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  • Reducing the thread pool for ServiceActivator's taskexecutor

    In a simple PoC I've created a jdbc poller which calls NOW() in hsqldb:

    Code:
    	<int-jdbc:inbound-channel-adapter id="dbPoller" channel="data" query="call NOW()" data-source="dataSource" auto-startup="true">
    		<int:poller fixed-delay="1000" />
    	</int-jdbc:inbound-channel-adapter>
    The data is put on a rendezvous queue
    Code:
    	
    <int:channel id="data">
    		<int:rendezvous-queue />
    </int:channel>
    Which is consumed by my very stupid service activator which performs a sysout of the input and a Thread.sleep(1000*10) (10 seconds):
    Code:
    	<int:service-activator id="sysout" input-channel="data">
    		<int:poller fixed-delay="1000" task-executor="taskExecutor" />
    		<bean id="serviceActivator" class="com.foo.bar.SysOutServiceActovator" />
    	</int:service-activator>
    The backing taskExecutor is set up with core and max pool size of 10:
    Code:
    	<bean id="taskExecutor" class="org.springframework.scheduling.concurrent.ThreadPoolTaskExecutor">
    		<property name="corePoolSize" value="10" />
    		<property name="maxPoolSize" value="10" />
    	</bean>
    The code runs fine, but I get into trouble when I try to reduce the threadpool's core and max size runtime using jmx. I first set the corePoolSize to 5 then the maxPoolSize to 5 (reverse order causes exception).

    I wait for the currently executing calls to the serviceactivator to finish, but then I see another 10 sysouts. I inspect the poolSize and activeCount using jmx and they are still at 10 and they stay that way no matter how long I wait.

    If I on the other hand increase the core and max pool size to 30, the change is reflected in the activeCount and the poolSize.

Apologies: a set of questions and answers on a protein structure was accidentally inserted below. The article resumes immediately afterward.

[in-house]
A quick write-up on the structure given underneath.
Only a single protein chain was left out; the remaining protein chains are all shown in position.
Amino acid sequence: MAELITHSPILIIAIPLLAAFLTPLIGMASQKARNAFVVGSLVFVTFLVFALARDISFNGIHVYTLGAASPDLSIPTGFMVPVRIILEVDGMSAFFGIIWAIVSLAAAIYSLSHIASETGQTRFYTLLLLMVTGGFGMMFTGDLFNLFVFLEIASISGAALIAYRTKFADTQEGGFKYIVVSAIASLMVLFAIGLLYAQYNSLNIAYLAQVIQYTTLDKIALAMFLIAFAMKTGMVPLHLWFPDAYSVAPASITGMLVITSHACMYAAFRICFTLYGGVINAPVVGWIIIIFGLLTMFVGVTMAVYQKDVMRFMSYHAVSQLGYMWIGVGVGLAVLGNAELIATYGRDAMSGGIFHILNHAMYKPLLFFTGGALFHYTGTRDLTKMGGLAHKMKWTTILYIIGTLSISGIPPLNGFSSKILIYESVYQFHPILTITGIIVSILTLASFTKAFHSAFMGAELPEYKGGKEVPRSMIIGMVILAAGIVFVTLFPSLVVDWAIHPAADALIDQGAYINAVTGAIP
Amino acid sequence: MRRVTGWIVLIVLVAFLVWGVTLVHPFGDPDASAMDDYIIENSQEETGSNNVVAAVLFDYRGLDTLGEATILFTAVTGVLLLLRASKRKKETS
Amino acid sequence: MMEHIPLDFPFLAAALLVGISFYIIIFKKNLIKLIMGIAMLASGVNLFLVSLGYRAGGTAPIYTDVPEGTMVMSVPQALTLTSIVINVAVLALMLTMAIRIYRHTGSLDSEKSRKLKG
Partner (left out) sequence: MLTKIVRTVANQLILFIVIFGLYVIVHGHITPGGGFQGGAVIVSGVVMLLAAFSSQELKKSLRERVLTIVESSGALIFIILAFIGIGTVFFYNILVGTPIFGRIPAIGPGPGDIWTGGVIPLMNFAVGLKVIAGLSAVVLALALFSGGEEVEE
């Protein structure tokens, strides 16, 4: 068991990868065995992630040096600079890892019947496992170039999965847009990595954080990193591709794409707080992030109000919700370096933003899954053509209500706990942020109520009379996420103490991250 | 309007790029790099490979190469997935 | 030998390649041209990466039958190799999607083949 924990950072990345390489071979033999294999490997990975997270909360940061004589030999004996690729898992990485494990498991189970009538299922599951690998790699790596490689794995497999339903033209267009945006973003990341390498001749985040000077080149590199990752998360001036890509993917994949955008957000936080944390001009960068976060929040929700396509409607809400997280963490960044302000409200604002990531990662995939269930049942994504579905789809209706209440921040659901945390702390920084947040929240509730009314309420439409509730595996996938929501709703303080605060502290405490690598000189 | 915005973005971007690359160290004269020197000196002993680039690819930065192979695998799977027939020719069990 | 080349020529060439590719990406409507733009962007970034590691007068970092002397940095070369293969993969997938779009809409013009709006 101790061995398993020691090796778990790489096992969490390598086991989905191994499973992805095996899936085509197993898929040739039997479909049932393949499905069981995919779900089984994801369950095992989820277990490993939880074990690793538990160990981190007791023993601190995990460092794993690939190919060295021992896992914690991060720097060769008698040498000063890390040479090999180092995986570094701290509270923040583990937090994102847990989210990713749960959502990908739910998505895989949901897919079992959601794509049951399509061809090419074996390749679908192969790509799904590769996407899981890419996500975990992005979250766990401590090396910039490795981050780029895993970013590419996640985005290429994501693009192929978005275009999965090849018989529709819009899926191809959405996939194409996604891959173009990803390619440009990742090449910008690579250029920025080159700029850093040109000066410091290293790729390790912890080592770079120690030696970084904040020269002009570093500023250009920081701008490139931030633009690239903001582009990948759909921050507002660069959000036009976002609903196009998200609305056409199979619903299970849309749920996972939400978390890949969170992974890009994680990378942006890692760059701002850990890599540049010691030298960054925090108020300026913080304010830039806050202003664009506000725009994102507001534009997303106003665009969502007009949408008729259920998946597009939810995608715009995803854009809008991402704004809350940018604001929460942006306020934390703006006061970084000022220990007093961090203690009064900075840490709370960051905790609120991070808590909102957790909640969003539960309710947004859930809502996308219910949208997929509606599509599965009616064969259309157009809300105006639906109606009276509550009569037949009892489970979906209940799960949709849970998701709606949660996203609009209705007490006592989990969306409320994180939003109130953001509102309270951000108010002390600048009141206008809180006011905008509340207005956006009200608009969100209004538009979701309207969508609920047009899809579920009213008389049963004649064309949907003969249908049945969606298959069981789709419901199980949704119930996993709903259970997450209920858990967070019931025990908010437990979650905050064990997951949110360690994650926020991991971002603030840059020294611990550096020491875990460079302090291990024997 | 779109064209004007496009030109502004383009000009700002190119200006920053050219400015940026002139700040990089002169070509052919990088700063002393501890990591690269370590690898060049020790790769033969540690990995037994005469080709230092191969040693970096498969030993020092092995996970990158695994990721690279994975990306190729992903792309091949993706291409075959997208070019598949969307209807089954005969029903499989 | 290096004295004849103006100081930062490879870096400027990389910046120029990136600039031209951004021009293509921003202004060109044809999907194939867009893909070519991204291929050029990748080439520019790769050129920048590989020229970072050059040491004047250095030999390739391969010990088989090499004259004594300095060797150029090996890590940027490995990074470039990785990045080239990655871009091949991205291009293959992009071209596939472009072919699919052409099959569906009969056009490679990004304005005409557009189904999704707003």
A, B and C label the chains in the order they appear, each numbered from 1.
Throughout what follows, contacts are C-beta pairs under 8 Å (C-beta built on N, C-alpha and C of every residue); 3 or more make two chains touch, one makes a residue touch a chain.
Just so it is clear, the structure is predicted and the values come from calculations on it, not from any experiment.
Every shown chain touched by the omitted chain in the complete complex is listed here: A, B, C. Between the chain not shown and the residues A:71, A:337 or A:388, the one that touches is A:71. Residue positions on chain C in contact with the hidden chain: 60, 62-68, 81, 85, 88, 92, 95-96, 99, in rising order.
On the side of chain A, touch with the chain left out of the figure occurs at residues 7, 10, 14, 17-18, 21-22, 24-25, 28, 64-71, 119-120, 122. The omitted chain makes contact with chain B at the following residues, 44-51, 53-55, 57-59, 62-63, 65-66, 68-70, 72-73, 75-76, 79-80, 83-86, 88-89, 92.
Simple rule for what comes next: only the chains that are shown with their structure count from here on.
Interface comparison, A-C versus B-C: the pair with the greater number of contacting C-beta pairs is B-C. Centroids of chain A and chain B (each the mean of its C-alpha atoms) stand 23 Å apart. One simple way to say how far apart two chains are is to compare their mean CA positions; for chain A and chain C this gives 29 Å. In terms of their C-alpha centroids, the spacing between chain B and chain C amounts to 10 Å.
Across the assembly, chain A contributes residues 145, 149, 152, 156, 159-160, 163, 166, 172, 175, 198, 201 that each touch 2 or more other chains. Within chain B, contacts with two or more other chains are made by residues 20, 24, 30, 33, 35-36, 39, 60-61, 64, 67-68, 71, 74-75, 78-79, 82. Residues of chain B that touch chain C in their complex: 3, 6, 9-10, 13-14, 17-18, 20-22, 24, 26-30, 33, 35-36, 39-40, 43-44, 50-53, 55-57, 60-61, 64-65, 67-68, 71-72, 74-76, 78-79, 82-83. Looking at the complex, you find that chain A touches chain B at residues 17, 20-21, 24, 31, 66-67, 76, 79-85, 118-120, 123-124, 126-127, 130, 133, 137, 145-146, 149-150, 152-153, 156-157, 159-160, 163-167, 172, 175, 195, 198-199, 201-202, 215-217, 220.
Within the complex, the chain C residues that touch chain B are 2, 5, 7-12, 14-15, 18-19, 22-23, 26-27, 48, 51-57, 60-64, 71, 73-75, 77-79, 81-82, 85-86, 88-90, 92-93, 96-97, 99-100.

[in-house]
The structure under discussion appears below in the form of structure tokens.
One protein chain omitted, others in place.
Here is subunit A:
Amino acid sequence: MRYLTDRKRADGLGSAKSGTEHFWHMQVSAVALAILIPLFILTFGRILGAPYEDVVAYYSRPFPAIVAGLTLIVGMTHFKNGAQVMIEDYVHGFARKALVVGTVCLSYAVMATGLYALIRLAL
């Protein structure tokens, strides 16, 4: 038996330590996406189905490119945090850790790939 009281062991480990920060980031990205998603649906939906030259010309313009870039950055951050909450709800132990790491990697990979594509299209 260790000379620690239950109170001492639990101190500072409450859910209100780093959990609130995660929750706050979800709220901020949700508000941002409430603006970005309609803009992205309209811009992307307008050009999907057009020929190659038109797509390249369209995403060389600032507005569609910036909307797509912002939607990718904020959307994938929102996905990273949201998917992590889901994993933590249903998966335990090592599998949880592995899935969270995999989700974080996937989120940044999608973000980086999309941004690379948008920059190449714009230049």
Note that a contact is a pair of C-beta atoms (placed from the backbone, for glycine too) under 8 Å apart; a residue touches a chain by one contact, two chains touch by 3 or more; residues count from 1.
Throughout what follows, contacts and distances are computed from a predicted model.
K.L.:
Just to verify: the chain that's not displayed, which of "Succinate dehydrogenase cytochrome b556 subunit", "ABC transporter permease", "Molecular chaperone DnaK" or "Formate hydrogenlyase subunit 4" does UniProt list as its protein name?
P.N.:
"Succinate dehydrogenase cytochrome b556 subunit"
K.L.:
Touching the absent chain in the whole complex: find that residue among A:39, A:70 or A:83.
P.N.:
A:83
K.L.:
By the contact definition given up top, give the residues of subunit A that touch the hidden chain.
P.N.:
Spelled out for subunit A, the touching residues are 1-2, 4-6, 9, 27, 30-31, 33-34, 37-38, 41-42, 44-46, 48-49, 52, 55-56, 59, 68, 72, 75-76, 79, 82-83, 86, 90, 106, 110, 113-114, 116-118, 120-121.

I've tried setting the keepAliveSeconds to 0, but it doesn't change anything.

    Anyone had a similar problem or some input that might help explain this?
    Last edited by magott; May 9th, 2011, 05:04 AM.

  • #2
    Found a way to get the reduced max/core size to work. If, after I've reduced the max/core size, I stop the 'dbPoller' and then start it again, the thread count is reduced to the new mx/core. So it seems like that as long as there is work to be done on the rendezvous queue the threads won't enter the "idle state", which prevents them from being killed off.

    This was definitely not what I expected, but at least I've found a way to get it to work. I'd still appreciate some input as to whether this is working as designed or not.

    Comment


    • #3
      My hypothesis is that the thread is not considered idle as long as it can consume new tasks from the queue.
      It seems that it is able to go from executing the ServiceActivator's method to a timed wait (parkNanos) on the AbstractQueuedSynchronizer(Rendezvous internal) without being "idle". As long as new tasks are being put in the queue, the thread wakes
      up before the timeout to perform the tasks. When the dbPoller is stopped, no new tasks are submitted and as such the thread will wake up as a result of a timeout. At this stage, the thread is considered "idle" and is purged before a new
      timed wait can occur.

      What still boggles me is how the thread can go from busy processing to a timed_wait without being "idle" in between, which is apparently what happens when the thread goes from the completion of the ServiceActivator's method and the parkNanos on the rendezvous internals.

      Comment

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